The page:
Five years later, the bishops issued further instructions that barred Catholic colleges from giving "awards, honors or platforms" to those who oppose Church tenets.

Some Catholic colleges largely ignored the directives. Not Catholic University. O'Connell may have had little choice.

"Most presidents have one bishop that they answer to. David O'Connell has a whole board full of bishops to answer to," said Richard Yanikoski, president of the Association of Catholic Colleges and Universities. "He has lived in a fishbowl."

Colleagues disagree on O'Connell's role as the Vatican's enforcer at Catholic.

Frederick Ahearn, a professor in the school of social service, said O'Connell asked faculty members to resolve conflicts "at the lowest possible level. I don't know of any cases where he ultimately made the decision," he said.

There have been times, though, when O'Connell has weighed in on conflicts of faith.

In an interview with the Washington Times newspaper two months ago, O'Connell questioned why the Church had not sanctioned Notre Dame for extending a speaking invitation to President Obama, who supports abortion rights.

O'Connell was one of two people who asked to be removed from the mailing list of CUAllies, the gay-straight alliance that his administration refused to recognize, said Robby Diesu, one of the group's leaders.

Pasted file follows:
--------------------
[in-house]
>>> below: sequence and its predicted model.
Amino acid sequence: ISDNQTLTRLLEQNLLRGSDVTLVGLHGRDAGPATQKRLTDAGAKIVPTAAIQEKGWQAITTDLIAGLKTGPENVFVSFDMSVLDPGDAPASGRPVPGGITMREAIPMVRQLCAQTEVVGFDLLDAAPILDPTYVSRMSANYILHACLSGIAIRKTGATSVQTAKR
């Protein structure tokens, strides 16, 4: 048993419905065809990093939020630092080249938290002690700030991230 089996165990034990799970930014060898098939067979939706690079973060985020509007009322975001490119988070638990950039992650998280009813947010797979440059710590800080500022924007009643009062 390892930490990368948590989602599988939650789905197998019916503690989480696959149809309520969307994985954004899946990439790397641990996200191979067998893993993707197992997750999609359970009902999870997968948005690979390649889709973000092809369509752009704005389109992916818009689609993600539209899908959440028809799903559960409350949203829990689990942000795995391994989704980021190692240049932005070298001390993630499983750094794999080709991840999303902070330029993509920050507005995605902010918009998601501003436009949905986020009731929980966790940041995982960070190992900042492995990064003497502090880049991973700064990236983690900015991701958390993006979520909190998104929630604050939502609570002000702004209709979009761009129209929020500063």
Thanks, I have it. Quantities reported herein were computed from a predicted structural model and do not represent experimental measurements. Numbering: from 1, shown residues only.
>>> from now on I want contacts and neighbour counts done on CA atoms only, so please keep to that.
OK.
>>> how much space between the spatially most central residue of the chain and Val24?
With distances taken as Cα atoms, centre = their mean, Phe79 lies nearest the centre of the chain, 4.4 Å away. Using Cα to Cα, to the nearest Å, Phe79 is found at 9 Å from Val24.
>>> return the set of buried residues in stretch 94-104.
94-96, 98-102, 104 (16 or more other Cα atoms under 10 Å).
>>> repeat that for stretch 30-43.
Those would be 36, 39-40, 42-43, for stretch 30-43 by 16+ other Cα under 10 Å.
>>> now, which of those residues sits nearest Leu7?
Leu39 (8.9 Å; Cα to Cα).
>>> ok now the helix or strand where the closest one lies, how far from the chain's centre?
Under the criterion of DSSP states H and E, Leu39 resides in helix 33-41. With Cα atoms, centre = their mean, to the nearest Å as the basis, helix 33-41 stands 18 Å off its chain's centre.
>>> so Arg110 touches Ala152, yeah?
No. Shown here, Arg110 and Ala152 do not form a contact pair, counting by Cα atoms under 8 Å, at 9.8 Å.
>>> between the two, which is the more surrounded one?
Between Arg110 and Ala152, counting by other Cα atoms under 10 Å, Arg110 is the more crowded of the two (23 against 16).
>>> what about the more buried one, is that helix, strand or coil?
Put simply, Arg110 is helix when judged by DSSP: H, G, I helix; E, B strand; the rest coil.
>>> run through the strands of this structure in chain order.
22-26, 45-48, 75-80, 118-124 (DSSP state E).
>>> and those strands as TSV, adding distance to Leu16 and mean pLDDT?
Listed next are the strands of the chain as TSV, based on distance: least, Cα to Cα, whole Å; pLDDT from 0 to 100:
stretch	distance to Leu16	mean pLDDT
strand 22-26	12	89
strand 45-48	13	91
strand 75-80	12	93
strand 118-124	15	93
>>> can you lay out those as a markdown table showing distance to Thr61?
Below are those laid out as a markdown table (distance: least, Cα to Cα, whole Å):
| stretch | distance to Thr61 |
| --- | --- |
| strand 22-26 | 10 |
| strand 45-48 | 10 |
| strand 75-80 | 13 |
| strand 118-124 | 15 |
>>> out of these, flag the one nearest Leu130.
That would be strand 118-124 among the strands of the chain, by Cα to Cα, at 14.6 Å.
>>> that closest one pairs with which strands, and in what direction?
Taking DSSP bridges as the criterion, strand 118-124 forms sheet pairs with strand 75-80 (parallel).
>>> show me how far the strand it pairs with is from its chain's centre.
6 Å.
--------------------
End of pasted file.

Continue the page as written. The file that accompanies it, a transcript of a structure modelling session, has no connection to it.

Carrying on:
Diesu recalls O'Connell happening upon a gay rights protest on campus several months ago: "I don't think I've ever gotten such a dirty look from someone in my life."

As his tenure drew to a close, O'Connell irked some students this spring by choosing himself as Catholic's commencement speaker. It was unseemly, they said. Besides, the president already had a speaking berth.

In the end, though, O'Connell collected far more friends than enemies in his years at Catholic, said Justine Garbarino, 21, a rising senior and former editor of the school paper.

"They love him," she said. "They really like what he's done for the school."